Apple under fire: the company apologizes for another app store controversy

Apple apologized for this after another controversy occurred on its App Store this weekend.

WordPress founder Matt Mullenweg tweeted on Friday that the WordPress application has been “locked out of the app store.” Apple’s restrictions on the company prevented WordPress from updating its iOS apps.

The only way WordPress can solve this problem is to change its application state to include in-app purchases. The changes required by Apple (AAPL) (if implemented) will reduce Apple’s WordPress in-app sales by 30{7d6bb1f761e691f027164c9fe6d1ebbc4659a250013ce39dc45a15ede39dbac5}.

But the free-to-use website creator WordPress does not include any in-app purchases.

confused? The same is true for WordPress.

According to Apple, the problem is that WordPress has been advertising its premium services in the app-even if customers can’t actually purchase these services in the app. But when Apple started blocking the iOS update of WordPress, Mullenwag had removed the payment option.

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What is wrong with WordPress

Initially, the free iOS app provided by WordPress included a payment plan, but not in-app purchases. Users interested in premium plans and other service add-ons can only purchase them by visiting the WordPress website. This is described as a violation of Apple’s rules that apply to all developers in the app store.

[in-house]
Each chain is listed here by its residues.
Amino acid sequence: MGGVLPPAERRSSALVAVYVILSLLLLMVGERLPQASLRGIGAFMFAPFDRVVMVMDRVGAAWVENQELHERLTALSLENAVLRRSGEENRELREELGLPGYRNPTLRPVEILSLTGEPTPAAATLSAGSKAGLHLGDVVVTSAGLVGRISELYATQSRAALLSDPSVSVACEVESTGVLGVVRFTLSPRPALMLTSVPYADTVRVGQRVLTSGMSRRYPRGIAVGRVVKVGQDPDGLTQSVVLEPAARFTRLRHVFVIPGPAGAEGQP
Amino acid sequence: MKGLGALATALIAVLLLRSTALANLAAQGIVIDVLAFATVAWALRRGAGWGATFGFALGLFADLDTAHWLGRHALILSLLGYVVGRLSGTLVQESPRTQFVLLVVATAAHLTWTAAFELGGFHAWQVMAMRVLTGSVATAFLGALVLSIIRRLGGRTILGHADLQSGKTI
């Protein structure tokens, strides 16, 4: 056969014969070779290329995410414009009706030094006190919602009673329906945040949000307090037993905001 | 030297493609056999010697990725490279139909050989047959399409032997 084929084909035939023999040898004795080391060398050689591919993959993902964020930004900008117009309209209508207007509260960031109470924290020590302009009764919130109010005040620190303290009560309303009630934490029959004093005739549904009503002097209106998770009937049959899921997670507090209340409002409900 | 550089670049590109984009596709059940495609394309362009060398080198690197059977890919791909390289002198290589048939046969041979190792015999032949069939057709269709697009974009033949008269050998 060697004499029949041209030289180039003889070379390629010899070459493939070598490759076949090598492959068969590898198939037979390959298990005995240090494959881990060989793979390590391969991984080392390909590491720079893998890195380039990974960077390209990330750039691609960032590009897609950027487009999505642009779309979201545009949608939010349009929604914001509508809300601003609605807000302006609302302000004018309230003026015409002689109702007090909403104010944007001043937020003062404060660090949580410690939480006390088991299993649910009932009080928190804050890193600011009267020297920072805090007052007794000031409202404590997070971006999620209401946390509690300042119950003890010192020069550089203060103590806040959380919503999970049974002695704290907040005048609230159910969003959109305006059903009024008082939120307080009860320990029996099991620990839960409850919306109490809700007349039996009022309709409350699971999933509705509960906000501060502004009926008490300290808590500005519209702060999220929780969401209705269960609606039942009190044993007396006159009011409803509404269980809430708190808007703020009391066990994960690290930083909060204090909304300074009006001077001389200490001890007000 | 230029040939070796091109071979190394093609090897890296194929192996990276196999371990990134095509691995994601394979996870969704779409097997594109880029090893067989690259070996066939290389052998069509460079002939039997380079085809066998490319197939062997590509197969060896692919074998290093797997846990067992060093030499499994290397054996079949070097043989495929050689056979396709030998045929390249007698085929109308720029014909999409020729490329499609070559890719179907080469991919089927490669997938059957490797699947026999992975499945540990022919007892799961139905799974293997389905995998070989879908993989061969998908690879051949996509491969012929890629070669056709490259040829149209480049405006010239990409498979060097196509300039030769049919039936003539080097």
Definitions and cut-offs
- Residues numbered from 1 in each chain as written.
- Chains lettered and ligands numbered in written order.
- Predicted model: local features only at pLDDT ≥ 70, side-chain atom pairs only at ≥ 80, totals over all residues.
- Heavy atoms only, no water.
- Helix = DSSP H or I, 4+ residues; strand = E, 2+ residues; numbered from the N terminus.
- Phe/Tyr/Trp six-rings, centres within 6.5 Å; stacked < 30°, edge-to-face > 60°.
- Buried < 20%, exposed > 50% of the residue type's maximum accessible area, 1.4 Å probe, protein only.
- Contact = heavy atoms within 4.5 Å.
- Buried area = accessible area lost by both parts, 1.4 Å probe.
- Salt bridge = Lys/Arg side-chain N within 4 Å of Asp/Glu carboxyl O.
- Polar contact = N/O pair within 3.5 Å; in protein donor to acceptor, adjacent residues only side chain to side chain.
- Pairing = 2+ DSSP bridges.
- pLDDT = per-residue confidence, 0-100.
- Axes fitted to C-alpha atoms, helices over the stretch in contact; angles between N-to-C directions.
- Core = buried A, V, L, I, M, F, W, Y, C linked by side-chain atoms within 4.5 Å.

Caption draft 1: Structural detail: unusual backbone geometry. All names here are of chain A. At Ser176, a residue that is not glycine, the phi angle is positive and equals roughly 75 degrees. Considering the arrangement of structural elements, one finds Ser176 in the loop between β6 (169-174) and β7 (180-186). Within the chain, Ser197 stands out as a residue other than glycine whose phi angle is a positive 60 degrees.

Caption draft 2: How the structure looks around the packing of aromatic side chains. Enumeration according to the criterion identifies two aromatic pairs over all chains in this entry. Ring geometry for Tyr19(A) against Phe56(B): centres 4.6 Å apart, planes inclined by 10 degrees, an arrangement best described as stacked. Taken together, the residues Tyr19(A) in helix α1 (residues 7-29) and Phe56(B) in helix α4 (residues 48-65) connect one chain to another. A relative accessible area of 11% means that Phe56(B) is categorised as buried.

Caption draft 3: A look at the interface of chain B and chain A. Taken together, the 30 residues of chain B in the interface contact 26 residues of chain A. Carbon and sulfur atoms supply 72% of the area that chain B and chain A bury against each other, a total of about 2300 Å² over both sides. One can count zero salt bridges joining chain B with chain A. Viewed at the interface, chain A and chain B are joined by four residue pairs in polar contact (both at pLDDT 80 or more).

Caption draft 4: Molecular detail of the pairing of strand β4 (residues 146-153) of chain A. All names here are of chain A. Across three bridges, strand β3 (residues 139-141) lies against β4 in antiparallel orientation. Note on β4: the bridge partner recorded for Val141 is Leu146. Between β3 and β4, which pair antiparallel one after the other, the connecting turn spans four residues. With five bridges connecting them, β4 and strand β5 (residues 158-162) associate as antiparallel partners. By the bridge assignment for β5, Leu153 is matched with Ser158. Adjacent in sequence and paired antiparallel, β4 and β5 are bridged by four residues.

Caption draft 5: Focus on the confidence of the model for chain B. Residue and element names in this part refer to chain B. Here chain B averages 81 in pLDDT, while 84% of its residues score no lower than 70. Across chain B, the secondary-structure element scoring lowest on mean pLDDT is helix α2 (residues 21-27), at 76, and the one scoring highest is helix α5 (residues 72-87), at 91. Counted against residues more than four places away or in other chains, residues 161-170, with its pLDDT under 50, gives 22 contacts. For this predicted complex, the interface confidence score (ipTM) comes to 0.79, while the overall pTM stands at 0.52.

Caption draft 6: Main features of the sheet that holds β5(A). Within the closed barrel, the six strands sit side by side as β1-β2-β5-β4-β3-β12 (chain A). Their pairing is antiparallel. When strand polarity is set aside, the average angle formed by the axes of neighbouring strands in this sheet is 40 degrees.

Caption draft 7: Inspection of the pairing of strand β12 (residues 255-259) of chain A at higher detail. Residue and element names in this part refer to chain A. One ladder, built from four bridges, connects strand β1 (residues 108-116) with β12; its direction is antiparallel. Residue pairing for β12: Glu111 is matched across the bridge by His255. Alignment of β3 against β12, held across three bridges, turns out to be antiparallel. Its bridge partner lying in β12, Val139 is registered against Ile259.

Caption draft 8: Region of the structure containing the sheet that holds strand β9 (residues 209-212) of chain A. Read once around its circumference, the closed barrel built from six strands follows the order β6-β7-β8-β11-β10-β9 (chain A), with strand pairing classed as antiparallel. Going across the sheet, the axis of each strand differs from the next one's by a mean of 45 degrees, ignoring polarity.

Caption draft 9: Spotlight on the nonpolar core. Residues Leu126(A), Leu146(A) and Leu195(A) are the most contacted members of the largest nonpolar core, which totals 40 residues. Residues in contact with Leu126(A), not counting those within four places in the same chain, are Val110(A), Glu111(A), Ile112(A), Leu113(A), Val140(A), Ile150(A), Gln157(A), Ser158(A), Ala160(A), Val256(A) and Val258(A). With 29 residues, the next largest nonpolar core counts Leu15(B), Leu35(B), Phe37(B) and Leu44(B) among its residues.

But after further review, Apple determined that the WordPress application complies with Apple’s regulations. Applications that provide free independent services (such as WordPress) do not have to include in-app purchases.

Apple’s dominance in the app store

Apple is currently in dispute with developer Epic Games for violating in-app payment guidelines, resulting in Apple removing Fortnite from its iOS app store. The maker of Fortnite is now suing Apple, which further questions the dominance of the tech giant in the app store and its relationship with developers.

In court documents from Epic Games on Sunday, Microsoft (MSFT) made a statement of support for Epic.

Kevin Gammill, general manager of Microsoft’s game developer experience, stated in the document that “there are very few other options available to creators”, including “with unrealistic and unrealistic features on multiple platforms, including iOS. The engine has as many functions”. Gammill further pointed out that Apple’s withdrawal of developer tools “will place Unreal Engine” and other games “at a serious disadvantage.”

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